This would be perfect for the den/study, no? Now that I have a shop apron, I might as well...
I just can't decide if I should go with the bench or floor stand model. I think they run about $1500 and the stand for the floor model another $500. My cobbler has the floor version.
One for den and one for study. To buff or not to buff, it's a question innit.
four steps to create a patine/patina.
decapage => stripping. using acetone, bleach, sandpaper, or anything that gets rids of dyes/color. none of the renomat weaksauce. can skip this part for raw leather.
teinture => dyeing. the art of patina.
cirage => polish. either cream or wax. some companies creating faux patina using cirage instead of leather dyes, thus the reason people call it 'art'. but in reality its much less an art/skill compare to shoe dyeing.
glacage => mirror shine/spit shine/fire shine.
the other important part of patina creation is burnishing, which is essentially wax + heat that changes/burns the wax into the leather pore. sole edges finishes this way. toe caps are sometimes 'burnished' by going through high speed polishing machines and wax polishes.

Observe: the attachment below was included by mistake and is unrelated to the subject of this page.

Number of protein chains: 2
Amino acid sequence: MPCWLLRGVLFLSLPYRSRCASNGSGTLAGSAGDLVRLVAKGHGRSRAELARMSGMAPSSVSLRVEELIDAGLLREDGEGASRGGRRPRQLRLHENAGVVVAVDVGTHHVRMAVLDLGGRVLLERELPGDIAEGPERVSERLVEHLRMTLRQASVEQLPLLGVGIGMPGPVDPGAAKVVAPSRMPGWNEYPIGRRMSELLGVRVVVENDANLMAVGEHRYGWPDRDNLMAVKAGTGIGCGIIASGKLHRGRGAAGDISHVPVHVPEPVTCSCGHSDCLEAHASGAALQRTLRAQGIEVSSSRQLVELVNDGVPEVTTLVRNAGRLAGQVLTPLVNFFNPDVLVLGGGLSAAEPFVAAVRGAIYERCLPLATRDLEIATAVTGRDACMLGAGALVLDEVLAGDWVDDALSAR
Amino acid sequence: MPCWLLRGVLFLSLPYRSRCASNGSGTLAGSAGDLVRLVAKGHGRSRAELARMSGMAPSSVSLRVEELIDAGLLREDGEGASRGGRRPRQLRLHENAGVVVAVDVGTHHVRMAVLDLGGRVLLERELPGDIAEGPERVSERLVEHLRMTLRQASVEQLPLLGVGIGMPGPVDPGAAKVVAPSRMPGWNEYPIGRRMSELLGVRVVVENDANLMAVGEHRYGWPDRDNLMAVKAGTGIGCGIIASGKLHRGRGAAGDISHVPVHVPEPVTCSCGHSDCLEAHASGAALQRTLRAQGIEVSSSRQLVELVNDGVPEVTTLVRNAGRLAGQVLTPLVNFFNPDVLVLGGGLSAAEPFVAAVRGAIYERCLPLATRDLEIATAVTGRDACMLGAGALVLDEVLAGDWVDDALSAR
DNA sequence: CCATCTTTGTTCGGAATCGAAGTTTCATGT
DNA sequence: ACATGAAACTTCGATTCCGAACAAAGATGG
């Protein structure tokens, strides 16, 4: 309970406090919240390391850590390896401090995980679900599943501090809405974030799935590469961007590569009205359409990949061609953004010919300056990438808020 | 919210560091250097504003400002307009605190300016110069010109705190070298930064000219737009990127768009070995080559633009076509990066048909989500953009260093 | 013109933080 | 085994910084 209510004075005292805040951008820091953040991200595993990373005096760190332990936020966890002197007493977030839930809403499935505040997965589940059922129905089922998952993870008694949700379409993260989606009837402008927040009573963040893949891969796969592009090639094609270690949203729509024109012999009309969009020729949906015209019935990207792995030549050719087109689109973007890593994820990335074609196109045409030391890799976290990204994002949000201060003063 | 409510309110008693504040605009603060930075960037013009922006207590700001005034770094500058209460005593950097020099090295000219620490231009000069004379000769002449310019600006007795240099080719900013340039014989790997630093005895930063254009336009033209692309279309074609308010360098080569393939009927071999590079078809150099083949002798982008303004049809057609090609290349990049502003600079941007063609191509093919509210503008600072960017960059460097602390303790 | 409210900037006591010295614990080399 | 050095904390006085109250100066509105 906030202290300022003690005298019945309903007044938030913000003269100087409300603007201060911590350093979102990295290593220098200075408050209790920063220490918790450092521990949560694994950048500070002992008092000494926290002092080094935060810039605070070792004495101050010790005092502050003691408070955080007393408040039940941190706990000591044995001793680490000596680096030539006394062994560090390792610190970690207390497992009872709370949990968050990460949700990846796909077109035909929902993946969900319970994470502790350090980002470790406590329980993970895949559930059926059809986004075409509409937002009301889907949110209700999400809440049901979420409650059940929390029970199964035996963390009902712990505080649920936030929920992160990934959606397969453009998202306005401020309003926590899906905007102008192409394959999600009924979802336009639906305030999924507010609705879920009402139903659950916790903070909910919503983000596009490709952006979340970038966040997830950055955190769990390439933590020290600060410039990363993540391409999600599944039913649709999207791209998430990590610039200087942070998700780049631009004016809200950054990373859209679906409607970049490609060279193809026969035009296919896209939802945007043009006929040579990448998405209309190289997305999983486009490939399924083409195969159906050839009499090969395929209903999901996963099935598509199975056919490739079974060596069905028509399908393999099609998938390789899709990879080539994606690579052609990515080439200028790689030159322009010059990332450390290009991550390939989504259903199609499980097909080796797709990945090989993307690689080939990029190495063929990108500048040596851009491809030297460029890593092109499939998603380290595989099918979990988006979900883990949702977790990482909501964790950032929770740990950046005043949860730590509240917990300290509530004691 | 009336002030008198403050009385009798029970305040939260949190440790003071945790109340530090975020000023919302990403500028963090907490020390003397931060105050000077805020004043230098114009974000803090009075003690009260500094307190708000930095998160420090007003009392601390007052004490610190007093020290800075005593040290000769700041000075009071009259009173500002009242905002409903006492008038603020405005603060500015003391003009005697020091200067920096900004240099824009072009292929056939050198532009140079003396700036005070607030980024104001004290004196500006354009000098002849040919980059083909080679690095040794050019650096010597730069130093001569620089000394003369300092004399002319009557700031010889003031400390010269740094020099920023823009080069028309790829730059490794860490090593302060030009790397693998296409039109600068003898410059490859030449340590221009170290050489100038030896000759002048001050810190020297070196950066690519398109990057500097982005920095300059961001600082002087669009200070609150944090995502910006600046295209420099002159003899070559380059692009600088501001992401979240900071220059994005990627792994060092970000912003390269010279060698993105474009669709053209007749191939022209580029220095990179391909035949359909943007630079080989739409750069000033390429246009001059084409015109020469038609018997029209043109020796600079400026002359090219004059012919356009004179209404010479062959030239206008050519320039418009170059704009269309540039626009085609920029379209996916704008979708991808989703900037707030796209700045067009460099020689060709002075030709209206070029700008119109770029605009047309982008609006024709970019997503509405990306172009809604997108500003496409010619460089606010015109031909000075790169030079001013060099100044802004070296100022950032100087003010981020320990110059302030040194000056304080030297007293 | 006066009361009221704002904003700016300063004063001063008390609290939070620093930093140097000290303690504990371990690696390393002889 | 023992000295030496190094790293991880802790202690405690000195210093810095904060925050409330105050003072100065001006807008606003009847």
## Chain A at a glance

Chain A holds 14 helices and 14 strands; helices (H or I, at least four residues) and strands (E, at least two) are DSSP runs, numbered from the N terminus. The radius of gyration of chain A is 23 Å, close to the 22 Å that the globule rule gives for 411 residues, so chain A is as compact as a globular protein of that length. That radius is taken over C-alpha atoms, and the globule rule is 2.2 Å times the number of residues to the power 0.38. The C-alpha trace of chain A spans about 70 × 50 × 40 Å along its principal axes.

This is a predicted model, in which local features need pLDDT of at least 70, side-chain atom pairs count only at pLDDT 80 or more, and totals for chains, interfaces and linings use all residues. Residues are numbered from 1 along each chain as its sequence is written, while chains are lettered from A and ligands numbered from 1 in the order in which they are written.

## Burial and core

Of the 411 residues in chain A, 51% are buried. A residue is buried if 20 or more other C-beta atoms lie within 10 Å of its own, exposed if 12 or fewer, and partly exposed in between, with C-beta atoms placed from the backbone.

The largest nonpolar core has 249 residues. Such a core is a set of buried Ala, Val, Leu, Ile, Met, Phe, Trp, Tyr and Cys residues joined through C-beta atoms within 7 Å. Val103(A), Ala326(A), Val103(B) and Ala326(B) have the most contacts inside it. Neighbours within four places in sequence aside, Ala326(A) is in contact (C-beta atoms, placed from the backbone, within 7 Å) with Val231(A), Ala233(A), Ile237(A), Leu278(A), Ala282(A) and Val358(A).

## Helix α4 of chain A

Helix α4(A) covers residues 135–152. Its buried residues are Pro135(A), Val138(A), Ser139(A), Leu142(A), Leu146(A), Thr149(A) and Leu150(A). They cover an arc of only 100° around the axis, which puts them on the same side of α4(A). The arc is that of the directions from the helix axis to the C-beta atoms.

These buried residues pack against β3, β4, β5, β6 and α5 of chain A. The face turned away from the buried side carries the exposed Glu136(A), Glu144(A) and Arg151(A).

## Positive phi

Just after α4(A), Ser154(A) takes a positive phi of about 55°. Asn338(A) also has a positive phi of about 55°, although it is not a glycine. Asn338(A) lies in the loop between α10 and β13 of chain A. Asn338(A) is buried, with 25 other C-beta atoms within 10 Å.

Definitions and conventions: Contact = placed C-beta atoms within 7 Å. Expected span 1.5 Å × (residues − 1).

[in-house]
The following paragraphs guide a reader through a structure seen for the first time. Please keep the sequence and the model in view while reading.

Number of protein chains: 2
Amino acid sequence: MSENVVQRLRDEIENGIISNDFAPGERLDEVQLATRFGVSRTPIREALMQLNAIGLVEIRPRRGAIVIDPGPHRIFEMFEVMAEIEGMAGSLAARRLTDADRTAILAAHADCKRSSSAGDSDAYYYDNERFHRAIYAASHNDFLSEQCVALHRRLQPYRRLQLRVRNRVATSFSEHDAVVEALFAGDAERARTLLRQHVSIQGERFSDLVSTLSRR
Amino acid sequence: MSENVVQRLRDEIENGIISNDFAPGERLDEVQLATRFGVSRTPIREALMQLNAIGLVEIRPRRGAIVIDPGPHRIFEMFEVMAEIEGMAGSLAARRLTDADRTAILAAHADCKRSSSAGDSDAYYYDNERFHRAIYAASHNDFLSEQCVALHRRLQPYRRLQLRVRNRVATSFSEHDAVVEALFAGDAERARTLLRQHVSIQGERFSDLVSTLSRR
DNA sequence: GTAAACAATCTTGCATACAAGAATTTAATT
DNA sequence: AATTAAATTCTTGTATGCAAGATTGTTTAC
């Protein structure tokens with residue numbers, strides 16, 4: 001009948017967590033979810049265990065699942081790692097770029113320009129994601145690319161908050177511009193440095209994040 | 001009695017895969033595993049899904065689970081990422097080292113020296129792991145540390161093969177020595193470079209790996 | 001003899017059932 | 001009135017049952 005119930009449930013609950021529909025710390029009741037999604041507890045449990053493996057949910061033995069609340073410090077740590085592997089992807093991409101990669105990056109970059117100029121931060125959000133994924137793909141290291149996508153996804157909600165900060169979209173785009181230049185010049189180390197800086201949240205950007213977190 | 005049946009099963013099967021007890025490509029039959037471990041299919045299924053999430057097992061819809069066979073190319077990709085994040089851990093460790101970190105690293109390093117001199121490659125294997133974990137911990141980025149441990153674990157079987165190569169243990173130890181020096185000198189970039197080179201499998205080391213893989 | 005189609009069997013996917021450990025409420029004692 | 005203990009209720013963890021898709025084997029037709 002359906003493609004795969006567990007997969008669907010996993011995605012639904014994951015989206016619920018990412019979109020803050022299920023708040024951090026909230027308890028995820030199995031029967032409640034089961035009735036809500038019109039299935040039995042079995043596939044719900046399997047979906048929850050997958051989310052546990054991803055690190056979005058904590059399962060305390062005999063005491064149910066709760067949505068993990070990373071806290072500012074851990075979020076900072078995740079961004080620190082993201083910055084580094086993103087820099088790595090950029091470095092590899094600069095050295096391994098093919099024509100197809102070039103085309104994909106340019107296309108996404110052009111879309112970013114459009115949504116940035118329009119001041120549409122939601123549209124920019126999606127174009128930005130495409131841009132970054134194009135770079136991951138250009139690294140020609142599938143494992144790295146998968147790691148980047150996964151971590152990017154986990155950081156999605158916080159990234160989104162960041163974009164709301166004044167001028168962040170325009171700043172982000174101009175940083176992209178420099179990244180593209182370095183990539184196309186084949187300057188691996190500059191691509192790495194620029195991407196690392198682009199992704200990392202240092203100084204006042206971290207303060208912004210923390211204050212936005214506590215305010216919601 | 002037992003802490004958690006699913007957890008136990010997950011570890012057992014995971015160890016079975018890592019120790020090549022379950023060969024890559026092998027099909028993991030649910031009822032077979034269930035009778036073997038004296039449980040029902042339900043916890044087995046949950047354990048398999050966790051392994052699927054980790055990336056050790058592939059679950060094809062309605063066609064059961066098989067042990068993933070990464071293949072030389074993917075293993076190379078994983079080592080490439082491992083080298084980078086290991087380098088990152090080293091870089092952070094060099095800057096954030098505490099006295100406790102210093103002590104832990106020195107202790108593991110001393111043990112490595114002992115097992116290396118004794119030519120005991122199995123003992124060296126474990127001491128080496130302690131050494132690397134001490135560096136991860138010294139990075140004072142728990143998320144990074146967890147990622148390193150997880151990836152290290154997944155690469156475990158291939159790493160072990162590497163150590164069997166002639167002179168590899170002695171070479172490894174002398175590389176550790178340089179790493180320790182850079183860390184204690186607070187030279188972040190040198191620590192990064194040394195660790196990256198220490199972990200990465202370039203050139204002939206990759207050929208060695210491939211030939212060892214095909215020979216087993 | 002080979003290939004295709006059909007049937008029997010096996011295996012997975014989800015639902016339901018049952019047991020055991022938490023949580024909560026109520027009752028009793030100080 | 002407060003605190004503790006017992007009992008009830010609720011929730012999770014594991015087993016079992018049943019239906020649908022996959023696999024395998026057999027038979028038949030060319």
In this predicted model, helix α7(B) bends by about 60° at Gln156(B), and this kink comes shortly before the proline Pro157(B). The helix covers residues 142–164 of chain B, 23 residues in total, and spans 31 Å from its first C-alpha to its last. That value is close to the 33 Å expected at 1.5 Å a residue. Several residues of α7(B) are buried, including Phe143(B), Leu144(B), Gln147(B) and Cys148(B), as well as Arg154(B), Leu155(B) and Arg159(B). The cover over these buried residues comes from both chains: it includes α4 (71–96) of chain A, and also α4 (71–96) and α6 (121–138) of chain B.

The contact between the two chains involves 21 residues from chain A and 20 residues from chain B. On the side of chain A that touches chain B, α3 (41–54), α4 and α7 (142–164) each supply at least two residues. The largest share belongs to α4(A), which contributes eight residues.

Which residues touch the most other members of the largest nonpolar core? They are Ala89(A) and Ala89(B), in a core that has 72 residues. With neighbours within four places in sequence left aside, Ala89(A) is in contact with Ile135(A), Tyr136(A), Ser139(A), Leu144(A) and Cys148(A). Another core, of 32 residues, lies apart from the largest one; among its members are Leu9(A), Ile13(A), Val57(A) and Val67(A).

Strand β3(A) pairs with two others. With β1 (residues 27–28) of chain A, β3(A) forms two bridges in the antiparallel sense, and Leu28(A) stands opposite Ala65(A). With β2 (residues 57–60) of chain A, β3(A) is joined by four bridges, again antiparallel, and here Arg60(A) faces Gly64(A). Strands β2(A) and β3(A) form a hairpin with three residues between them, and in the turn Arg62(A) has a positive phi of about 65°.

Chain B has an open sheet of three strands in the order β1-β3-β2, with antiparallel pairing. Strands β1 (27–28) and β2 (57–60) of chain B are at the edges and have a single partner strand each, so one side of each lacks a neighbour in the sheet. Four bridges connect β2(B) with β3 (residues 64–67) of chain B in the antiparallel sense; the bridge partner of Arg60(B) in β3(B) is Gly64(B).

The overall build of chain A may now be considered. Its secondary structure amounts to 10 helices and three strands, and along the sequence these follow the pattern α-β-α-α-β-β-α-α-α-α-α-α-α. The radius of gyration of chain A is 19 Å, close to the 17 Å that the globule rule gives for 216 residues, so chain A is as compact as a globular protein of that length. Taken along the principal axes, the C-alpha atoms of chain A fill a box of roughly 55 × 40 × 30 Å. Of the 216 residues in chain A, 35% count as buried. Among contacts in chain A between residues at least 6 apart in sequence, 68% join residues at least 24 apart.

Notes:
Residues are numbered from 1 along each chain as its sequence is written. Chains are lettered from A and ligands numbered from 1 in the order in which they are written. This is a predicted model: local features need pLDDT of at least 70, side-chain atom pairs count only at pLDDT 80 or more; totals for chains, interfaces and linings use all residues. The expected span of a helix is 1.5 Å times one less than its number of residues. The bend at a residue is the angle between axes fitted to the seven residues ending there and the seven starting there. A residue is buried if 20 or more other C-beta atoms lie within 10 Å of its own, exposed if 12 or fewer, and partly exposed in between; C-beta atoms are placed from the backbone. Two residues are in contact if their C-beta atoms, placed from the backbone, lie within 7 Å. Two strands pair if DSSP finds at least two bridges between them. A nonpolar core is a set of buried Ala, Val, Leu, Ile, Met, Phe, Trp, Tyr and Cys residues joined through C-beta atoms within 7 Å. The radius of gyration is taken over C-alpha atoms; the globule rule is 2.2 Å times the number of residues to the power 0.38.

Thanks Chogall. I've cut & pasted that. My search into edge finishing leads me to believe the professionals use a lump of very hard wax + heat from the spinning buffer to burnish this onto the edge. I'll leave it at that, as I don't really know what I'm talking about here. Guess DWF11 would be the man to provide accurate details.
Good advice. I went ahead and gave it a shot tonight. Now giving cirage style patina a try, I can say dye is much easier and more effective as well. Smoother blending and more consistent coverage are the main benefits. The cirage patina was very quick though. A plus if time is an issue.
Great for a first attempt. Still waiting to take the leap myself.